Employee Experience: How to Tap into Employee Discretionary Energy
Harmeet Singh Chawla
Harmeet Chawla is the Managing Partner & Co – Founder of Flywheel Management Services.
“Human beings have discretionary energy, and they would give it to you if you treat them with dignity and respect.” – Paul O’Neill, former Treasury Secretary of US under George W. Bush.
As employees, we each have moments in our days when we know we have done something worthwhile when we know we are part of something, whether big or small. An organization needs to focus on the moments that make a difference for the employees. Together, those moments add up across all of the organization and enable the project team members and managers to bring the organization’s bold mission to life.
Energizing the employees, helping them realize they are part of something special—an empowering organization paving the way for their immense growth possible by their ability to operate as one global, integrated firm across business units, regions, and functions. This would enable a positive impact and help deliver exceptional value and complete solutions to your clients.
Through the Leaders and Project Managers, the employees can create a real impact, grow personally and professionally, work with talented people, and receive appreciation for their contributions.
An organization that places value on these characteristics sets them apart and positions them as the best place to work in the industry. Because being a part of an organization means making a difference and improve the business—every moment, every day.
Role of a Leader & Project Manager to drive engagement and employee experience
How employees feel about their leaders and project managers directly impacts how they experience the organization—how they think about their jobs and the company. Engagement is also personal. Understanding your own (as leader and project manager) engagement is one of the first steps toward engaging others. Successful leaders & project managers understand discretionary energy’s power and take conscious action to tap into it at work. They draw forth and enable the employee to contribute their discretionary energy by creating a work environment that empowers and encourages employees to perform.
Studies at several organizations have shown a clear relationship between high employee engagement levels—colloquially defined as the willingness and ability to go the extra mile—and improved financial and operational results.
Why focus on Discretionary Energy?
Discretionary energy is something that an employee chooses to exert at work to coworkers or customers at work—or not. An employer pays for the fundamental tasks that he hires an employee to perform. Discretionary energy is something that the employee chooses to exert and is willing to contribute beyond its basic requirements.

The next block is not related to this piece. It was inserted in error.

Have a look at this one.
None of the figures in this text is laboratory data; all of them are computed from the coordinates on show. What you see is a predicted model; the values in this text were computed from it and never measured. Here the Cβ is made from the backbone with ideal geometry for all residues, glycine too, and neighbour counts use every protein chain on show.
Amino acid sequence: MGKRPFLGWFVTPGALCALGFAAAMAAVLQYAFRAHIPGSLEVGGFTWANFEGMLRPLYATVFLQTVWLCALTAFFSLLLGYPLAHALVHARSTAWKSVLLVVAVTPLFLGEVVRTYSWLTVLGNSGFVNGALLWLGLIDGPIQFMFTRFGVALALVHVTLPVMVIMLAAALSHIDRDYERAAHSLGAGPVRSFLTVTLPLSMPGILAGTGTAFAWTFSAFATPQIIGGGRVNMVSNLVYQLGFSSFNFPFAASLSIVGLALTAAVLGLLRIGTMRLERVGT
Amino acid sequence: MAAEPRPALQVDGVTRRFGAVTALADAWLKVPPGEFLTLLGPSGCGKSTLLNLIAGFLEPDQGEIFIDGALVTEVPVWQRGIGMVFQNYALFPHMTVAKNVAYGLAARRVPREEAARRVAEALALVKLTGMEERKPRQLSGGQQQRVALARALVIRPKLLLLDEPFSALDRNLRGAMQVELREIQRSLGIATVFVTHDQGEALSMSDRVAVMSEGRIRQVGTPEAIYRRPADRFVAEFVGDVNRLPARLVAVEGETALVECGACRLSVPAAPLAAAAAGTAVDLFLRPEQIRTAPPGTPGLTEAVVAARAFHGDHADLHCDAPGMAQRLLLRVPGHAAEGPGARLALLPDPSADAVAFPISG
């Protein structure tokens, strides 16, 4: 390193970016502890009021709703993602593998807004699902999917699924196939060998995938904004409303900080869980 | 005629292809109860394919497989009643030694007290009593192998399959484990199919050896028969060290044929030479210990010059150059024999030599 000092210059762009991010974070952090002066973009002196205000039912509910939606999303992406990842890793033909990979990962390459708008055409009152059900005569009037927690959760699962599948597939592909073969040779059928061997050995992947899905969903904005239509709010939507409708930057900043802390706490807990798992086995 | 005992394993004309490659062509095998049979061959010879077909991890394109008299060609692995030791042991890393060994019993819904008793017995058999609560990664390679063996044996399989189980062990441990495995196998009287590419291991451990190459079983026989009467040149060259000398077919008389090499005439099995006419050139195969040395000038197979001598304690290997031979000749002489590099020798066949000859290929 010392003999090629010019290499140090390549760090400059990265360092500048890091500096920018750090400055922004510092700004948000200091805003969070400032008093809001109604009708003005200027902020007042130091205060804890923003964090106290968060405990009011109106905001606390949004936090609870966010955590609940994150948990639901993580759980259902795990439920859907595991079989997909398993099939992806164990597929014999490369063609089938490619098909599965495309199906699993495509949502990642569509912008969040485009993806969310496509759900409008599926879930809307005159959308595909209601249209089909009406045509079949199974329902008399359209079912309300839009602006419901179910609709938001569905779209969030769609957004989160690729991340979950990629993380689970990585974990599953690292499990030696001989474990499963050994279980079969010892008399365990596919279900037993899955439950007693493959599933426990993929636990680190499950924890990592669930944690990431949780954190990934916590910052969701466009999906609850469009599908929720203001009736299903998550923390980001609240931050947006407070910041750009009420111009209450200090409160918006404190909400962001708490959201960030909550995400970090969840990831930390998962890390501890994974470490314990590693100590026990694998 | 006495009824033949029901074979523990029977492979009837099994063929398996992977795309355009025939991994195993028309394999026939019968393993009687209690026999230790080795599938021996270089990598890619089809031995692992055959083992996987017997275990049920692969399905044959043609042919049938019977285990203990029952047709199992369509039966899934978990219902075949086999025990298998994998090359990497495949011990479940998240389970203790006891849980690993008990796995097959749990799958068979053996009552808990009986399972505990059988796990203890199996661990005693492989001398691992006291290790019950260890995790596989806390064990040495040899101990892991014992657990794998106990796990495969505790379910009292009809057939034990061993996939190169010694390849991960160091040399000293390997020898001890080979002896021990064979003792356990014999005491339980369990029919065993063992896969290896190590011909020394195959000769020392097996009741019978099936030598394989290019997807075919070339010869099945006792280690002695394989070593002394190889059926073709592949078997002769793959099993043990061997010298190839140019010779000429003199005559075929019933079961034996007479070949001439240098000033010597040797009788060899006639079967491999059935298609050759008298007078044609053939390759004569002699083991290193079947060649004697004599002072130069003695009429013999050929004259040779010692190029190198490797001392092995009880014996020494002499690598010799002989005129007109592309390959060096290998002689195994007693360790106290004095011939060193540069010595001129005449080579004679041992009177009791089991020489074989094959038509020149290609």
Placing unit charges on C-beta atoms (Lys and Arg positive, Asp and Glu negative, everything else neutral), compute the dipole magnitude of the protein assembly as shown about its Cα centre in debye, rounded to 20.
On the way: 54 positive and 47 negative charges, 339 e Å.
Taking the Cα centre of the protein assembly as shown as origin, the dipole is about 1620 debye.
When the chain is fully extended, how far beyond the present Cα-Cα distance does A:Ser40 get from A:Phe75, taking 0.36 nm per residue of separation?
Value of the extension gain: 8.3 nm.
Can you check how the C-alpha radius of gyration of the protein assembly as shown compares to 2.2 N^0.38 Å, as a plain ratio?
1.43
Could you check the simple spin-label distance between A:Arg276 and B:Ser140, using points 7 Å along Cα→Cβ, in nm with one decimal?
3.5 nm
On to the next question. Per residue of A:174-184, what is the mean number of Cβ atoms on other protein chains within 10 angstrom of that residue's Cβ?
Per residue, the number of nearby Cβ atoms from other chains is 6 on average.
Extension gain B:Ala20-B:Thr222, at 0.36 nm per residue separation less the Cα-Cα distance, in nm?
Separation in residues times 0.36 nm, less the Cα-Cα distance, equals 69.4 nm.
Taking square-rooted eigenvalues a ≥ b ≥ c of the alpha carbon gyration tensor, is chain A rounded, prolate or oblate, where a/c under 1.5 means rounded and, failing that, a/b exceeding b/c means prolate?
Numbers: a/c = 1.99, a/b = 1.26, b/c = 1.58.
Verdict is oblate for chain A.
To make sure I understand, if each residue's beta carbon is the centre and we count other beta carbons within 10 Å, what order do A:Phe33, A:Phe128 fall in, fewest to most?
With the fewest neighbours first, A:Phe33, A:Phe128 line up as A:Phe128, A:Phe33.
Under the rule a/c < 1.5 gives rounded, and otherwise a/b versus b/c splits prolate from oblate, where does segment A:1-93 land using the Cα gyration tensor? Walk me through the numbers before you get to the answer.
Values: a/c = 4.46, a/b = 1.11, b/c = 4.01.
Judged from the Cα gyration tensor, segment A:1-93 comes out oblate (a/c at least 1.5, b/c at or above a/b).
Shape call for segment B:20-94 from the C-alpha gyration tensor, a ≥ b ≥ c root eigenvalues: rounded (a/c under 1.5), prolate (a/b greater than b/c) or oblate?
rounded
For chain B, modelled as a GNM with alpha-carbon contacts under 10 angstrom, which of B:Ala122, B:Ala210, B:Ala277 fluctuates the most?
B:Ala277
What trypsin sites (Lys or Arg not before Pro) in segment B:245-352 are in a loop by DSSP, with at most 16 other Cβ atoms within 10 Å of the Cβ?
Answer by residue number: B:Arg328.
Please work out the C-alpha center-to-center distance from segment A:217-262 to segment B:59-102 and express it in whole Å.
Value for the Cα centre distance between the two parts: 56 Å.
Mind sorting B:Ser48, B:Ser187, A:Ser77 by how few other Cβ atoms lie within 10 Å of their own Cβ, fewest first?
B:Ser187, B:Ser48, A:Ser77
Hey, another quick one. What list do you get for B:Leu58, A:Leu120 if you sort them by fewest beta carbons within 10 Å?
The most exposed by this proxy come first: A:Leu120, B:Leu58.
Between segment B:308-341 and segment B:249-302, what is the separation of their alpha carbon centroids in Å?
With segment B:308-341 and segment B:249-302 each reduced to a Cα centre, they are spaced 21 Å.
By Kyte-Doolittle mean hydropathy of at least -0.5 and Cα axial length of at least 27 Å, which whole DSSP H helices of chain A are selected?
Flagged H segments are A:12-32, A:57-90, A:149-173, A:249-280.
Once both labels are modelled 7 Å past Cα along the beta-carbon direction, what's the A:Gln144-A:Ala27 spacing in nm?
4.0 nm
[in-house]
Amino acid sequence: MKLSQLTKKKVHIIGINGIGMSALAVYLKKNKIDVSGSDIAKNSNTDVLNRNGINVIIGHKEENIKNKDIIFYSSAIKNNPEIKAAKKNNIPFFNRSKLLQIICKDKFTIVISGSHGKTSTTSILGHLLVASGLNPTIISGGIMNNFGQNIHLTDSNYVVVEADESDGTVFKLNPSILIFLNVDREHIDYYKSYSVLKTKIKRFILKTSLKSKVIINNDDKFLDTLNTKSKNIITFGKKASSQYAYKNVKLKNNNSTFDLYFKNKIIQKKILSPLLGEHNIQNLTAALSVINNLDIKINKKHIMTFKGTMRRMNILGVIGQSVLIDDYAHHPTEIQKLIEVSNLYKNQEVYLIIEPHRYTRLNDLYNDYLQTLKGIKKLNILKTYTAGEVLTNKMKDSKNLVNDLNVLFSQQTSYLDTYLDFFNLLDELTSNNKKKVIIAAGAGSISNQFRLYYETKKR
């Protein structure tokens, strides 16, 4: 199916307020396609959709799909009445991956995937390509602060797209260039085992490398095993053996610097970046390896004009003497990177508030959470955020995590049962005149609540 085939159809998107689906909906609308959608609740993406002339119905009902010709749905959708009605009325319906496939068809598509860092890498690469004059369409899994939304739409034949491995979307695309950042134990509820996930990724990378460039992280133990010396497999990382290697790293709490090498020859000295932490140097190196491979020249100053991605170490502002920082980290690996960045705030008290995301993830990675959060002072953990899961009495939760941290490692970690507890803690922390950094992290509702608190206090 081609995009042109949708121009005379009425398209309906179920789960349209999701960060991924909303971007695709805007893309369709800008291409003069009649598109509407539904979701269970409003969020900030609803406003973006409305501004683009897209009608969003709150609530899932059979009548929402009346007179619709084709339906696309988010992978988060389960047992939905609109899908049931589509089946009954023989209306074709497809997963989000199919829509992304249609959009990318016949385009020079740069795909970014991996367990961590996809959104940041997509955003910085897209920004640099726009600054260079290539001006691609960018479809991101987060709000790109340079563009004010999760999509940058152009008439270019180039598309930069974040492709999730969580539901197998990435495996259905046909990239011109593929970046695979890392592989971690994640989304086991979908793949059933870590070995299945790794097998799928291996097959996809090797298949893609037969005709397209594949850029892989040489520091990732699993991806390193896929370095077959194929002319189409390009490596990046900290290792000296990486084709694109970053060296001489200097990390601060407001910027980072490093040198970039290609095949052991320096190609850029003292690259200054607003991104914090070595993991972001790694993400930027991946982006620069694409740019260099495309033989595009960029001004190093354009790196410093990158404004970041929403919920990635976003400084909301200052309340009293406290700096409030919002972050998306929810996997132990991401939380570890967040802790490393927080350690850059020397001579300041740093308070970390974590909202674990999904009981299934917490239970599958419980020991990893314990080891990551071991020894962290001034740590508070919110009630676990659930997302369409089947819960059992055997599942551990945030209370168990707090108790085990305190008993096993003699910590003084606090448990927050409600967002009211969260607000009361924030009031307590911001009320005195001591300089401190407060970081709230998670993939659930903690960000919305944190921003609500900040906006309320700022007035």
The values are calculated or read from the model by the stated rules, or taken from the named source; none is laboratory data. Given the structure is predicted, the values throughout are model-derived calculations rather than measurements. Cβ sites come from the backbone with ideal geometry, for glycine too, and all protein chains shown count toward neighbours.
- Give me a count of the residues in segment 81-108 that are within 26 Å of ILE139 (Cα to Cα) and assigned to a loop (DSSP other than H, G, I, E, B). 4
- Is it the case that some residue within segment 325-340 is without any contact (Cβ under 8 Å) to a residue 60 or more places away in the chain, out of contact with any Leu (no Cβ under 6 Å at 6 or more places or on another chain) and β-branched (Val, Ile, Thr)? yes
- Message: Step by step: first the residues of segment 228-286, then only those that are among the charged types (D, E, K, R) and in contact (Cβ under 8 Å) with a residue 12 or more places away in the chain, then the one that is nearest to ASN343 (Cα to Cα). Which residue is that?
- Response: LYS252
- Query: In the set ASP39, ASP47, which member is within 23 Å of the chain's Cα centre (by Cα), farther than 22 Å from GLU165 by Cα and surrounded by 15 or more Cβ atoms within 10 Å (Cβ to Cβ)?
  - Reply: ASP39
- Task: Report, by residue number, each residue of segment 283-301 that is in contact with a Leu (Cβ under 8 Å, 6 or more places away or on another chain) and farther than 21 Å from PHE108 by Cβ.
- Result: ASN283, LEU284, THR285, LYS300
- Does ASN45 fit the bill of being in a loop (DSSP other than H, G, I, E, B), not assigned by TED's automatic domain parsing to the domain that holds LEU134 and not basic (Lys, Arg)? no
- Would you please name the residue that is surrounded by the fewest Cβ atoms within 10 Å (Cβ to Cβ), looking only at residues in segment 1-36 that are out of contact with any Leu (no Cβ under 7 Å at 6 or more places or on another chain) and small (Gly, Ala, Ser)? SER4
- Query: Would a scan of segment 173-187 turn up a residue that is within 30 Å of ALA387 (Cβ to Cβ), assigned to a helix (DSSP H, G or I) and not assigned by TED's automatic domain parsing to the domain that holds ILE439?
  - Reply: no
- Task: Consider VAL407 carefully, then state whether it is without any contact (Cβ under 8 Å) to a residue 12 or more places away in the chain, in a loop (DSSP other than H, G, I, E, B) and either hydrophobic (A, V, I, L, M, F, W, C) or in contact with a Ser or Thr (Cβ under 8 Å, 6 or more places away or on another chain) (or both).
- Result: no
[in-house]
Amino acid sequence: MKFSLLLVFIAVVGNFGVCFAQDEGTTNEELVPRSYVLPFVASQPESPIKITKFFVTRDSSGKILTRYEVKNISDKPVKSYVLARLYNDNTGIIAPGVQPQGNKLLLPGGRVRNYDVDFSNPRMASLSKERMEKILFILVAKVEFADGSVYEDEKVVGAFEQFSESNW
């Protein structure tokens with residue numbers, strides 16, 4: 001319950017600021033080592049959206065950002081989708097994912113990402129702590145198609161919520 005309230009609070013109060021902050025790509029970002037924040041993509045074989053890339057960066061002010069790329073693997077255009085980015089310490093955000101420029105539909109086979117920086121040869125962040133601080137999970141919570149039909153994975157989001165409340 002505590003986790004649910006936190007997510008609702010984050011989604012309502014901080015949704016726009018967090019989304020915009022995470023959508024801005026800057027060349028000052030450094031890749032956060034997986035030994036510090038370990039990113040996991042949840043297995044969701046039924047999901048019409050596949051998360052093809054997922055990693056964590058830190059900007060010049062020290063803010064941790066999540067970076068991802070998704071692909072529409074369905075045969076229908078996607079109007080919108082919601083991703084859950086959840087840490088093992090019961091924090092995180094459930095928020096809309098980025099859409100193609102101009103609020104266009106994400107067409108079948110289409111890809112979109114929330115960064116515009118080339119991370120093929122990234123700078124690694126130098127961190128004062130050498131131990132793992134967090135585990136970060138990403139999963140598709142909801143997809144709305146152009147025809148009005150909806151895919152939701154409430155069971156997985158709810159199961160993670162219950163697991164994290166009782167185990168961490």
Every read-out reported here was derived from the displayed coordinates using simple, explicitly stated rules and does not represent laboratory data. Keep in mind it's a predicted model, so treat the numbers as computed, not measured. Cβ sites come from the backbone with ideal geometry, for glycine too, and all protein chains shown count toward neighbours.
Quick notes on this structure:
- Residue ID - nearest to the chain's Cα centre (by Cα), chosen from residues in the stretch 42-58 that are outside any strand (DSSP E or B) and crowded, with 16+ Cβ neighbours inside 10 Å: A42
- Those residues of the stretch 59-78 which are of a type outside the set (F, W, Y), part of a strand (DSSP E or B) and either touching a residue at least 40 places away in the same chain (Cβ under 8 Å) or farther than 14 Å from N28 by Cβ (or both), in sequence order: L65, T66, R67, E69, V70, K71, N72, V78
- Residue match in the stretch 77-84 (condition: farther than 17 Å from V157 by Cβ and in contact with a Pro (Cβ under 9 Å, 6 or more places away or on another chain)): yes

Does tapping into employee discretionary energy sound like a positive workplace contribution? It is. Think of employee discretionary energy as a powerful performance enhancer that can help you set your workplace on fire with employee performance and excitement.
Now let’s understand how some forward-looking, progressive companies like Haier are challenging bureaucracy and authoritarian structures to run large businesses, energize their employees/ project teams & managers, and tap into discretionary energy.
Haier removed its middle management layer and organized the company with 80,000 employees as independent, self-managed units, each having its P&L. Employees can switch between business units with the project team members, and managers have the primary responsibility to increase customer demand.
Likewise, Morning Star, a leading food processor company in the United States, achieves a high coordination level without a supervisory structure by combining managerial discipline and market-centric flexibility – without bosses or titles promotions. The 400 full time ‘self-managing’ employees negotiate responsibilities with their peers and work together like project members as a carefully choreographed dance troupe. Though Morning Star isn’t a small business, there is possibly no reason why the self-management model would not work for a larger organization.
Whether it is traditional hierarchical management-led or the self-management model, the more employee discretionary energy you can tap, the better the potential for well-served customers and happy employees. A happy employee positively interacts with customers and coworkers and experiences all of the work benefits from these positive interactions.
It is the oil that keeps the motor of a successful organization running. As a leader and project manager, your goal is to tap into as much of it as possible.